Humans rely on plants for our most fundamental individual and social needs: from food, medicine, and construction, to aesthetic pleasure and the solace brought by our encounters with them in the natural world. Although we think of plants as rooted in place, their global travels over the millennia offer fascinating pathways into the past and illuminate some of the most burning issues of today, including legacies of colonial violence and displacement. Climate change, habitat loss, and accelerated species extinctions add to the urgency of researching plant–human interactions and acknowledging the importance of plants in our environment. Digital media are uniquely suited to supporting these interdisciplinary investigations, as they help visualize the mobility of plants and people and the timeline of their interactions.
The Plant Humanities Lab, which launched in beta form on March 9, 2021, is an innovative digital space that supports the interdisciplinary study of plants from the perspectives of the arts, sciences, and humanities, in order to explore their extraordinary significance to human culture. It was developed by Dumbarton Oaks and JSTOR Labs in the context of the Plant Humanities Initiative, with support from the Andrew W. Mellon Foundation.
We coined the term “plant humanities” to emphasize the importance of humanistic modes of interpretation in scholarly investigation of plants and their entanglement with humans. The term embraces aspects of the environmental humanities and critical plant studies, as well as other disciplines, including history, art history, the history of science, and indigenous studies. We are excited to see the concept gaining traction—for example, Royal Holloway University and the Royal Botanical Gardens, Kew, in the United Kingdom, recently embarked on a plant humanities initiative supported by an Arts and Humanities Research Council grant.
A hallmark of the Plant Humanities Initiative is its emphasis on the collaborative production and dissemination of knowledge that brings together researchers, librarians, designers, and developers. Its roots lie in a 2013 symposium, “The Botany of Empire in the Long Eighteenth Century,” which highlighted Dumbarton Oaks’ rare book collection and brought plants to center stage. Preparing for the symposium prompted fresh research into the collection by symposium co-organizer Sarah Burke Cahalan, then Special Projects Librarian, and two Harvard student interns, Jasmine Casart and Deirdre Moore, who created an accompanying online exhibit. The two-day symposium resulted in a 2016 publication that I co-edited with Burke Cahalan and Anatole Tchikine, now Curator of Rare Books. The book in turn kindled a conversation with JSTOR, whose own rich collection of plant resources includes three million high-resolution images of herbarium specimens in their Global Plants database, as well as reference works and primary sources, such as collectors’ correspondence, illustrations, and photographs.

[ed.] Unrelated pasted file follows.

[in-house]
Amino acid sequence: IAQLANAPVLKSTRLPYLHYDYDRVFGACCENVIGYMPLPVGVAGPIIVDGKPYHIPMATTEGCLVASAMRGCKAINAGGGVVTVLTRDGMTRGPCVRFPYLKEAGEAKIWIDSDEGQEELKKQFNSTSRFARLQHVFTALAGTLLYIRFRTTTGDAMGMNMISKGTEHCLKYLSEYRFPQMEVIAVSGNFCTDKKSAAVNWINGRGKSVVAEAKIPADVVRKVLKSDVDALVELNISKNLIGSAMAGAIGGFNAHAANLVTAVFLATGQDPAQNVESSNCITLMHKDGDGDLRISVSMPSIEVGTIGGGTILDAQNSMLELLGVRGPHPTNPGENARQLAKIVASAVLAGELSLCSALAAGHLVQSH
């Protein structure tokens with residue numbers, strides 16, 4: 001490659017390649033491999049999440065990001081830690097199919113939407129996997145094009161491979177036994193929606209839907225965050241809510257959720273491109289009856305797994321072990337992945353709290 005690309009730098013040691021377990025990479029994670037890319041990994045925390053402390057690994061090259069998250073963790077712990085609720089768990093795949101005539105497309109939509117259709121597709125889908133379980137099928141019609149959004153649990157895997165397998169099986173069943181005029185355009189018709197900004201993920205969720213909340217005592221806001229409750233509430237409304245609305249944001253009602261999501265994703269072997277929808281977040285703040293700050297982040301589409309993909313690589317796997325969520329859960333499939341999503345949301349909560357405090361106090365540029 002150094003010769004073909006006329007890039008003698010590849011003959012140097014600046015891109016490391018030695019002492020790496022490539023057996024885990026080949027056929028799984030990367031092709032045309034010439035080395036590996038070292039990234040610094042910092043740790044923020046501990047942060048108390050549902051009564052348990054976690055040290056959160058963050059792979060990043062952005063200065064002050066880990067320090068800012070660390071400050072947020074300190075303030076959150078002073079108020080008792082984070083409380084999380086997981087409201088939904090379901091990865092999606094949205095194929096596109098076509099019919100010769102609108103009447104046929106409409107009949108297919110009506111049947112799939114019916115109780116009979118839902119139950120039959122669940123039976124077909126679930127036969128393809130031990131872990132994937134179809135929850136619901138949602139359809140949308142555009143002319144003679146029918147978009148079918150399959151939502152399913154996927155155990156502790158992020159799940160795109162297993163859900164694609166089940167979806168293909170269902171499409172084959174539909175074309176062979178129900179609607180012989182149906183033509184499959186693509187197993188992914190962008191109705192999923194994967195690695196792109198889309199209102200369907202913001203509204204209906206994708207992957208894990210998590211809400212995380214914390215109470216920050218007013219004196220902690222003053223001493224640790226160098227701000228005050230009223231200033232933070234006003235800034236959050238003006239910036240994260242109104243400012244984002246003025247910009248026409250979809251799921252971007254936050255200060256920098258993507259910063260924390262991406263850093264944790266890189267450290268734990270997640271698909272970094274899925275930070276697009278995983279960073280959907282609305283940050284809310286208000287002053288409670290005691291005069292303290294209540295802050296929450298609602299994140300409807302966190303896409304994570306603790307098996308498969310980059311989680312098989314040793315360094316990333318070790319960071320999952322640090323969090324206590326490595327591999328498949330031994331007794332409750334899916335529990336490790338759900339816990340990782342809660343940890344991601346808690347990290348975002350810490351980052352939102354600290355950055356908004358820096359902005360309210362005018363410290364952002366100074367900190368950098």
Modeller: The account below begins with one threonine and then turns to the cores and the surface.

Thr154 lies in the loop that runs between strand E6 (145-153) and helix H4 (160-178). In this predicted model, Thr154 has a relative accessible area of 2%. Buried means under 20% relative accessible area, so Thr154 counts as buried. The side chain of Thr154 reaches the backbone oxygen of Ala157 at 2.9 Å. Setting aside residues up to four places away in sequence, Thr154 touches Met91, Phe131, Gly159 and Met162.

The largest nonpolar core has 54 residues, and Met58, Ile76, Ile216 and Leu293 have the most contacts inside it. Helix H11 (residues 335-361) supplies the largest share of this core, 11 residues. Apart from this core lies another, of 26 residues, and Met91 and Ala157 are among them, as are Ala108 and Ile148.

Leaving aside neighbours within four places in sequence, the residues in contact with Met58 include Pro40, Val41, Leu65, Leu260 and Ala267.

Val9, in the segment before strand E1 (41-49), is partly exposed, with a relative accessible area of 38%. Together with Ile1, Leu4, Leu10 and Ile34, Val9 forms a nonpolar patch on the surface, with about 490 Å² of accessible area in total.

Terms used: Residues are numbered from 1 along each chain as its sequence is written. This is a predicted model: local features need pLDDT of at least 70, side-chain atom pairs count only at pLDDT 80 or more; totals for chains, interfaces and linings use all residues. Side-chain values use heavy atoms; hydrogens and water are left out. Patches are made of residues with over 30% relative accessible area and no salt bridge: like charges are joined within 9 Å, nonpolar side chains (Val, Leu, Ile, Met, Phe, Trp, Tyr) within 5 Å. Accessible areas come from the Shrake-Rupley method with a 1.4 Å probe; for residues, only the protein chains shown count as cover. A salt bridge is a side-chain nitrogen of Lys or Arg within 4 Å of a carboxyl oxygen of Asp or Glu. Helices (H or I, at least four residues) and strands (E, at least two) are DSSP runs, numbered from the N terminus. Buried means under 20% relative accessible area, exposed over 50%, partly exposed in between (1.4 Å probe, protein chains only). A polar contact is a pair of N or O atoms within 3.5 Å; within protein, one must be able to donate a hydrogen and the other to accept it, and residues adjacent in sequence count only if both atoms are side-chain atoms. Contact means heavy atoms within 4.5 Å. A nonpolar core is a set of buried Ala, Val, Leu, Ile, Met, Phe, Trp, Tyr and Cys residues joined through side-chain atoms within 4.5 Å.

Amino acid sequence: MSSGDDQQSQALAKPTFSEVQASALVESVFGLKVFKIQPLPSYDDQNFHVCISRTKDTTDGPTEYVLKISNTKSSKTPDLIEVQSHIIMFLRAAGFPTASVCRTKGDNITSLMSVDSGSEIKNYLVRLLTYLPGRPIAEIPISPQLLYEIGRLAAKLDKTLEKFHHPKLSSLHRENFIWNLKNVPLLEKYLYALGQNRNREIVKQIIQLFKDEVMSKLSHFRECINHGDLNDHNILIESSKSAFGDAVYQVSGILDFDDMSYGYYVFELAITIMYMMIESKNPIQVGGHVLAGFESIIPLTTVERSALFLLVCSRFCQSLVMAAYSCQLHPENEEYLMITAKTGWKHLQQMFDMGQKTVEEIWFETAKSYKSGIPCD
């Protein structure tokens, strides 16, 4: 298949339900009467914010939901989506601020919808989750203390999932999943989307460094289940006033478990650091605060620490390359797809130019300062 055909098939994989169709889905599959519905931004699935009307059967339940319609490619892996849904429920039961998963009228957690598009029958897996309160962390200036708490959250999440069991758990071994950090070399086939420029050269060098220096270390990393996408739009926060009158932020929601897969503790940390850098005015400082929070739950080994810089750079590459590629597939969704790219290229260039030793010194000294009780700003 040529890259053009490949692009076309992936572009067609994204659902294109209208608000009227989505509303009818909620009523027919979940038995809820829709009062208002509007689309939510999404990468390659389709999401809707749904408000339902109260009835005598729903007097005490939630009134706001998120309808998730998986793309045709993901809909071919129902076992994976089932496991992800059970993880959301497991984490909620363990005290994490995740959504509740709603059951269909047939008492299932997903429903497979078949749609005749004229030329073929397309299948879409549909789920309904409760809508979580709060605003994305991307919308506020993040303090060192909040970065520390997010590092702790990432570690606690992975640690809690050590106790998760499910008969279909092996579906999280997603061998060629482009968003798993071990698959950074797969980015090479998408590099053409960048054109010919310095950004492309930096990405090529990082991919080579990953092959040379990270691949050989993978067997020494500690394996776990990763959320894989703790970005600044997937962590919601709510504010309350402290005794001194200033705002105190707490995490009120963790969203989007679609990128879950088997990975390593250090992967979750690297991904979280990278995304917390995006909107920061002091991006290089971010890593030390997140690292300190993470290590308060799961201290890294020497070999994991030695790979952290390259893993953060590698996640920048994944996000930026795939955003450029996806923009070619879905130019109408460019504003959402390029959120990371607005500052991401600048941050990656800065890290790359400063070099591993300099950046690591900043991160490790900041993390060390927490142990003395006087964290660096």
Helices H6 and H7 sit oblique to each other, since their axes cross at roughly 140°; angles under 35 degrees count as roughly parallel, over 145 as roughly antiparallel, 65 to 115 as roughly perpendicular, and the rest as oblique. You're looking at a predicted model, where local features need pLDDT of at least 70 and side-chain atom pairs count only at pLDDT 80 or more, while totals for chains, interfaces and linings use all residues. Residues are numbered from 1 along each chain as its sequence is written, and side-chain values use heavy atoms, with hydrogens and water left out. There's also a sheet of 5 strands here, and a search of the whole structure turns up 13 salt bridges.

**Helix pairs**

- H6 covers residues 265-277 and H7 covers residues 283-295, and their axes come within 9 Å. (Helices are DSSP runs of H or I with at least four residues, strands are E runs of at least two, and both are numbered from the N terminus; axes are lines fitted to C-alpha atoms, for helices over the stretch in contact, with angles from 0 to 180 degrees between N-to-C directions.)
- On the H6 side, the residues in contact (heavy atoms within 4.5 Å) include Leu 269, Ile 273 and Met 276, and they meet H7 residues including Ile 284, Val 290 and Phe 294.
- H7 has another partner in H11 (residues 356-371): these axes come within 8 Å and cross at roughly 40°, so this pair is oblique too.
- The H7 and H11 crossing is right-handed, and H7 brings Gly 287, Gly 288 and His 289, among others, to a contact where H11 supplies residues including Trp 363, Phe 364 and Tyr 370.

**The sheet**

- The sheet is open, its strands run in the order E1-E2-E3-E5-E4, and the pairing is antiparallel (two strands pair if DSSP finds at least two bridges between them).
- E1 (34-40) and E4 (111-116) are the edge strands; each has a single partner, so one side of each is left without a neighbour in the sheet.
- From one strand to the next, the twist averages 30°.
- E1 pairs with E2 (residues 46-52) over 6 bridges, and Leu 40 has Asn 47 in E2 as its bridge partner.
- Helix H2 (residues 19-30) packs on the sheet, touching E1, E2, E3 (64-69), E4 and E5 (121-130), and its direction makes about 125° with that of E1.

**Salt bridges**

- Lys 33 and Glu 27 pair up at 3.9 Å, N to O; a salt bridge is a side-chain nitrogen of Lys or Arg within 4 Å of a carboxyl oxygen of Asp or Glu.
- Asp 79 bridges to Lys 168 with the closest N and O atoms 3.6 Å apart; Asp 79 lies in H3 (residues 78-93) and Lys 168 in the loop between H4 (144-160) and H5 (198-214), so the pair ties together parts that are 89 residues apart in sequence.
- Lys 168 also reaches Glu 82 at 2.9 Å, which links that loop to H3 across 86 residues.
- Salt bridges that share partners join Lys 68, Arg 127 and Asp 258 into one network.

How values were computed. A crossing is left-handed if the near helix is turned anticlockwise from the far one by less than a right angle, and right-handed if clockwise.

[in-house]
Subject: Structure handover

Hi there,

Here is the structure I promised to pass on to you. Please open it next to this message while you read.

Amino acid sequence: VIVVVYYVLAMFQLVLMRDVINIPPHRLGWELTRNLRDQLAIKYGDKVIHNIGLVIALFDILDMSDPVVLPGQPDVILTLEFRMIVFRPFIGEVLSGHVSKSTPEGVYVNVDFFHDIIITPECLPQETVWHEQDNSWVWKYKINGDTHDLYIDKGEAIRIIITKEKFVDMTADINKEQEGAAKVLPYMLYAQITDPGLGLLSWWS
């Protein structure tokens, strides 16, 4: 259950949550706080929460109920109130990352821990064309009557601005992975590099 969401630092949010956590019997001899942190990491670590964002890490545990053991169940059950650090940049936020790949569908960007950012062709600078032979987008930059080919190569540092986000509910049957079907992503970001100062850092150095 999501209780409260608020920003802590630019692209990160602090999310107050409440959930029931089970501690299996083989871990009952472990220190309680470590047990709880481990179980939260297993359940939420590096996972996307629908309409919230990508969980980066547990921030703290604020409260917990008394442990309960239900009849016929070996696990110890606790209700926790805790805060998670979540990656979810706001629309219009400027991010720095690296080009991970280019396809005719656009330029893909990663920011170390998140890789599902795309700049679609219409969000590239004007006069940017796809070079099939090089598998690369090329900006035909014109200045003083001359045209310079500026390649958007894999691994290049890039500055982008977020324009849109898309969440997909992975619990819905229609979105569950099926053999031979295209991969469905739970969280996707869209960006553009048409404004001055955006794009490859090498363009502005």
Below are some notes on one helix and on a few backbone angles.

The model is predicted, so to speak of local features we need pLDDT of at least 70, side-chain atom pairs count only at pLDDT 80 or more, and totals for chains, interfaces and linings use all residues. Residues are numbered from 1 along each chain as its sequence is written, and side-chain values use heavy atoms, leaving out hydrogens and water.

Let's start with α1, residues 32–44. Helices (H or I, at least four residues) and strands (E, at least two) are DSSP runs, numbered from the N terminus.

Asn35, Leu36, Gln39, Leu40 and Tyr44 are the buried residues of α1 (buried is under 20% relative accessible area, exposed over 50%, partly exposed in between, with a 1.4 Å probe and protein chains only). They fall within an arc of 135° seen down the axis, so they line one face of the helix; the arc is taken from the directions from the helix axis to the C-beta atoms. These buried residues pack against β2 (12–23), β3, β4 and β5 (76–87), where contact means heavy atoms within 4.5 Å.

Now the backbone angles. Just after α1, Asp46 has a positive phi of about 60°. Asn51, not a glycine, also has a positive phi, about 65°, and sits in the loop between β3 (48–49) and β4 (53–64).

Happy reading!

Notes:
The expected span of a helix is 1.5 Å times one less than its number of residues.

In December 2017, we met with JSTOR Labs and representatives from botanical libraries and natural history collections to discuss digitization in relation to teaching and research. The meeting provided the impetus for a collaboration between Dumbarton Oaks and JSTOR Labs to create engaging cultural histories of plants—plant narratives—that draw on rich primary sources, from the collections of Dumbarton Oaks and beyond, in an innovative, open-access space. Our respective strengths were clear: In addition to its rare and unique collections, vibrant community of researchers, and scholarly events and publications, over the past decade, Dumbarton Oaks has developed an array of programs that bring together multigenerational teams to undertake projects that combine advanced research with skill building. JSTOR Labs brings invaluable experience in the applied digital humanities—its team uses design thinking, rapid iteration, and user feedback to develop innovative tools (for teachers, students, and researchers) that leverage digital humanities technologies, such as text analytics and geographic information system (GIS) mapping.
Soon after the meeting, Dumbarton Oaks and JSTOR Labs submitted sister applications to the Andrew W. Mellon Foundation and were each awarded three-year grants to develop a digital platform and related scholarly programming to advance the emerging field of plant humanities. In writing the Dumbarton Oaks grant, as principal investigator I drew on our previous experience with directed research in our collections and emphasized our desire to reach a broader audience through digital means.
The centerpiece of the Lab are the plant narratives, which were researched and created by a team of plant humanists whose members span various career stages, from doctoral and post-doctoral researchers and undergraduates to graduate participants in the Plant Humanities summer program. Contributors include historians of art and pharmacy; an ethnobotanist; a botanical artist; students of visual and environmental studies; and scholars of early modern material culture and collecting.
The Lab benefits from an advisory committee that brings together distinguished scholars in the fields of botany, history, and the history of science with digital humanists and library leaders. In addition, on the Dumbarton Oaks side, my co-investigator Anatole Tchikine brings his knowledge of the rare book collection as both researcher and curator, alongside broad scholarly experience. Working closely with us is Alex Humphreys, Principal Investigator and Director on the JSTOR Labs side.
The Plant Humanities Lab is a source for original digital plant narratives that draw on the holdings of the Dumbarton Oaks Rare Book Library—a rich collection of herbals, horticultural treatises, and albums of botanical illustrations—and other special collections from around the world. The stories are presented and augmented with a variety of visual digital components, such as annotated high-resolution images, network visualizations, and interactive maps. In addition, the Lab is a search and resource discovery interface powered by Linked Open Data. The discovery component presents a plant-oriented window into the wealth of data available in WikiData alongside the ability to discover related primary and secondary sources from vast repositories such as JSTOR and JSTOR Global Plants, Biodiversity Heritage Library, and Artstor.
Included in the first phase of the Lab are 15 fascinating stories of plants from far-flung places around the world. Consider the cassava: poisonous when eaten raw, it was rendered harmless by indigenous methods of processing it into food, so that today it is a diet staple of more than 600 million people. Site visitors can use an interactive map to follow cassava’s travels from the Americas, where it was already being cultivated in 8000 BCE, to its global distribution today. Beautiful images—from a remarkable ceramic by a Moche (100–800 CE) artist living in present-day Peru to a colored print by the 18th-century naturalist Maria Sibylla Merian—allow us to reconstruct this story. The narratives, all of which have been peer reviewed, showcase the global mobility of plants in the context of their economic, aesthetic, medicinal, culinary, political, and cultural significance. Users can follow these guided tours or use the search interface for their own explorations. As we add more stories, data, and additional features and tools, we will continue to broaden the range of perspectives, historical periods, and geographies.